Understanding Susceptibility to Social Engineering Attacks Through Online Privacy Behaviors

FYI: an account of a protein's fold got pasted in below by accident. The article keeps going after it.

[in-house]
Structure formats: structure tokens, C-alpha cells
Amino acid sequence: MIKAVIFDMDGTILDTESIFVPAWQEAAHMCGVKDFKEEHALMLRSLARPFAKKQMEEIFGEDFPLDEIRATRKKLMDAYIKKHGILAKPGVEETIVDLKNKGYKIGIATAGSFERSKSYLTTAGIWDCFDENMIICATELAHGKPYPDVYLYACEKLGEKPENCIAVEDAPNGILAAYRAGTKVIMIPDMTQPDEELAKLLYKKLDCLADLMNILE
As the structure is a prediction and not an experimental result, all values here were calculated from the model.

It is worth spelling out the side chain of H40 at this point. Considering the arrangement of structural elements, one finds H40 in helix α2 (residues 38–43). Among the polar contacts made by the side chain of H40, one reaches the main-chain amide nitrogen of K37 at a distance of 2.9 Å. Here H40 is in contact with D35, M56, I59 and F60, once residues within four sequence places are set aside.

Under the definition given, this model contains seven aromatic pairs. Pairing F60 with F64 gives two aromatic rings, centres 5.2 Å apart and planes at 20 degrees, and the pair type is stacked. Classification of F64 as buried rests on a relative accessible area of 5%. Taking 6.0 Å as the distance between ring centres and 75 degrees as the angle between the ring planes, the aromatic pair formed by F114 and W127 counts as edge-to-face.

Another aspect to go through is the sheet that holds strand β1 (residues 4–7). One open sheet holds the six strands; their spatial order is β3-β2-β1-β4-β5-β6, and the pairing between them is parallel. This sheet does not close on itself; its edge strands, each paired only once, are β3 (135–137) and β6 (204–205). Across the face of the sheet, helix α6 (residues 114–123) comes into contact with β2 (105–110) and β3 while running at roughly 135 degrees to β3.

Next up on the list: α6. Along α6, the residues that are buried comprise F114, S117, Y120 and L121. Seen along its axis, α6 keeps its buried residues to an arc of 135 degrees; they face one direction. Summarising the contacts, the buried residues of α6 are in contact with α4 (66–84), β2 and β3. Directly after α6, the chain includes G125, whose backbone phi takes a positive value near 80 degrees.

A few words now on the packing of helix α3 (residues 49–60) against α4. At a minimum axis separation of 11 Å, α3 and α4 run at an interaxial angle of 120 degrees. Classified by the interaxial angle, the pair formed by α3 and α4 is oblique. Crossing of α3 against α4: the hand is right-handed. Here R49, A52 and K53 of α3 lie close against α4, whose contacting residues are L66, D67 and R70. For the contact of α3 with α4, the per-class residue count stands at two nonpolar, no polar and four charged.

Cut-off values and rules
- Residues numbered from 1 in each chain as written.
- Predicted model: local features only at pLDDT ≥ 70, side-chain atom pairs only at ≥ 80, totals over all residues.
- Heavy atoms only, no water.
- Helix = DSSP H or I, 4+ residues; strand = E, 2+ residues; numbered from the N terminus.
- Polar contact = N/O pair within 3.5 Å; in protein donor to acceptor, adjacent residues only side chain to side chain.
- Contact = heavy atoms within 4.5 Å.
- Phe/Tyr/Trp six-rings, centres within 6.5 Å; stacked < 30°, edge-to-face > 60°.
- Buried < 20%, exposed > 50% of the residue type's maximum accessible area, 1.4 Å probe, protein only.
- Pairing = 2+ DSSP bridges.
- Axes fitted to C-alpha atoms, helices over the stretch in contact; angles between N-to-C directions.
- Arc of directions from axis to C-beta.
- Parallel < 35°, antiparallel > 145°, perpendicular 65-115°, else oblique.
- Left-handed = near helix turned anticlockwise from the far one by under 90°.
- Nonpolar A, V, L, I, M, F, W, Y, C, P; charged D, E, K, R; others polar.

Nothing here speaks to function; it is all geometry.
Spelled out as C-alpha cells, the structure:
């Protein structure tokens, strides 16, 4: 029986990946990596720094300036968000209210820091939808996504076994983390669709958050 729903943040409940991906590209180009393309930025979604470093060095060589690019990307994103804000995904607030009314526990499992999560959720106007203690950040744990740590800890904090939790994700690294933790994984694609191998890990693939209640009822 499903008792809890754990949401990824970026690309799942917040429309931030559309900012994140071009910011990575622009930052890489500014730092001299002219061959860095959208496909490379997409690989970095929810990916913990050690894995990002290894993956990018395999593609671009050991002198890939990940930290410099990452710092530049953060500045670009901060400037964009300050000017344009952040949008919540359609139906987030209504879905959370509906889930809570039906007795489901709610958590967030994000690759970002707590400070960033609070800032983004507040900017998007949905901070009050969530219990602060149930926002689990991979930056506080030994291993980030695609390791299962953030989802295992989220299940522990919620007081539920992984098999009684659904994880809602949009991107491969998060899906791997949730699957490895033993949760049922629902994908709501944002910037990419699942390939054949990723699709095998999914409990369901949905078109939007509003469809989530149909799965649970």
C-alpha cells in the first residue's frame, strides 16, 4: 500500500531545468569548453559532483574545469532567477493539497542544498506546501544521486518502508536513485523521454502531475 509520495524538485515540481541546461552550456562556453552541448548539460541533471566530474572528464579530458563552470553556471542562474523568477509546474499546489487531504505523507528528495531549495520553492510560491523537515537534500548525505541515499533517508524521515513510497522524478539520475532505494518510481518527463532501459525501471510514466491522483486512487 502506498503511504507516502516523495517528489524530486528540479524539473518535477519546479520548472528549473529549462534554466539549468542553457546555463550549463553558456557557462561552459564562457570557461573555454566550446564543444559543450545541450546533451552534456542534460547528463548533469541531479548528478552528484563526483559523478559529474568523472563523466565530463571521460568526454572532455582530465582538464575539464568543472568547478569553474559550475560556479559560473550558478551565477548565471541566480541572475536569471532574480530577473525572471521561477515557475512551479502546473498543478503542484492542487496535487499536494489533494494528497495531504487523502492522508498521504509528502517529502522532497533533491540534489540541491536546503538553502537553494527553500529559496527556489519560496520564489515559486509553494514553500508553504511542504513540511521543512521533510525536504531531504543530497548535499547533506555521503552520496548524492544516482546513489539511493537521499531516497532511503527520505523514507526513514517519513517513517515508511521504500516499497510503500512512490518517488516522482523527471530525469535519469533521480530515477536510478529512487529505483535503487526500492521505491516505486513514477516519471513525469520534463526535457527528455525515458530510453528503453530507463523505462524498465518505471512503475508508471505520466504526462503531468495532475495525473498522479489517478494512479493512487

Human-based social engineering attacks continue to grow in popularity, with increasing numbers of cases reported yearly. This can be accredited to the ease with which common social engineering attacks can be launched, and the abundance of information available online that attackers can use against their targets. Current mitigative strategies and awareness trainings against social engineering attacks incorporate an understanding of the major factors that influence individual susceptibility to social engineering attacks. These strategies emphasize an engagement in secure behaviors and practices, especially with respect to identifying the key indicators in any form of communication or situation that can classify it as a social engineering attack. There is also an emphasis on restricting the amount of information that individuals should share about themselves in workplace settings. However, these approaches do not comprehensively consider the different intrinsic motivations that individuals develop to engage in the protective behaviors necessary to assure their safety against social engineering attacks, regardless of environment. Individual attitudes and behaviors about online privacy could hold the key to defending oneself by way of restricting unwarranted access to associated information online. Psychological traits and attitudes developed in response to the perception of social engineering as a threat could act as motivators for engaging in privacy protective behaviors, which in turn could affect the extent to which an individual can protect themselves from social engineering attacks. This thesis investigates the role of privacy protective behaviors in impacting an individual’s susceptibility to social engineering attacks and the impacts of specific privacy factors as motivating antecedents to engagement in privacy protective behaviors.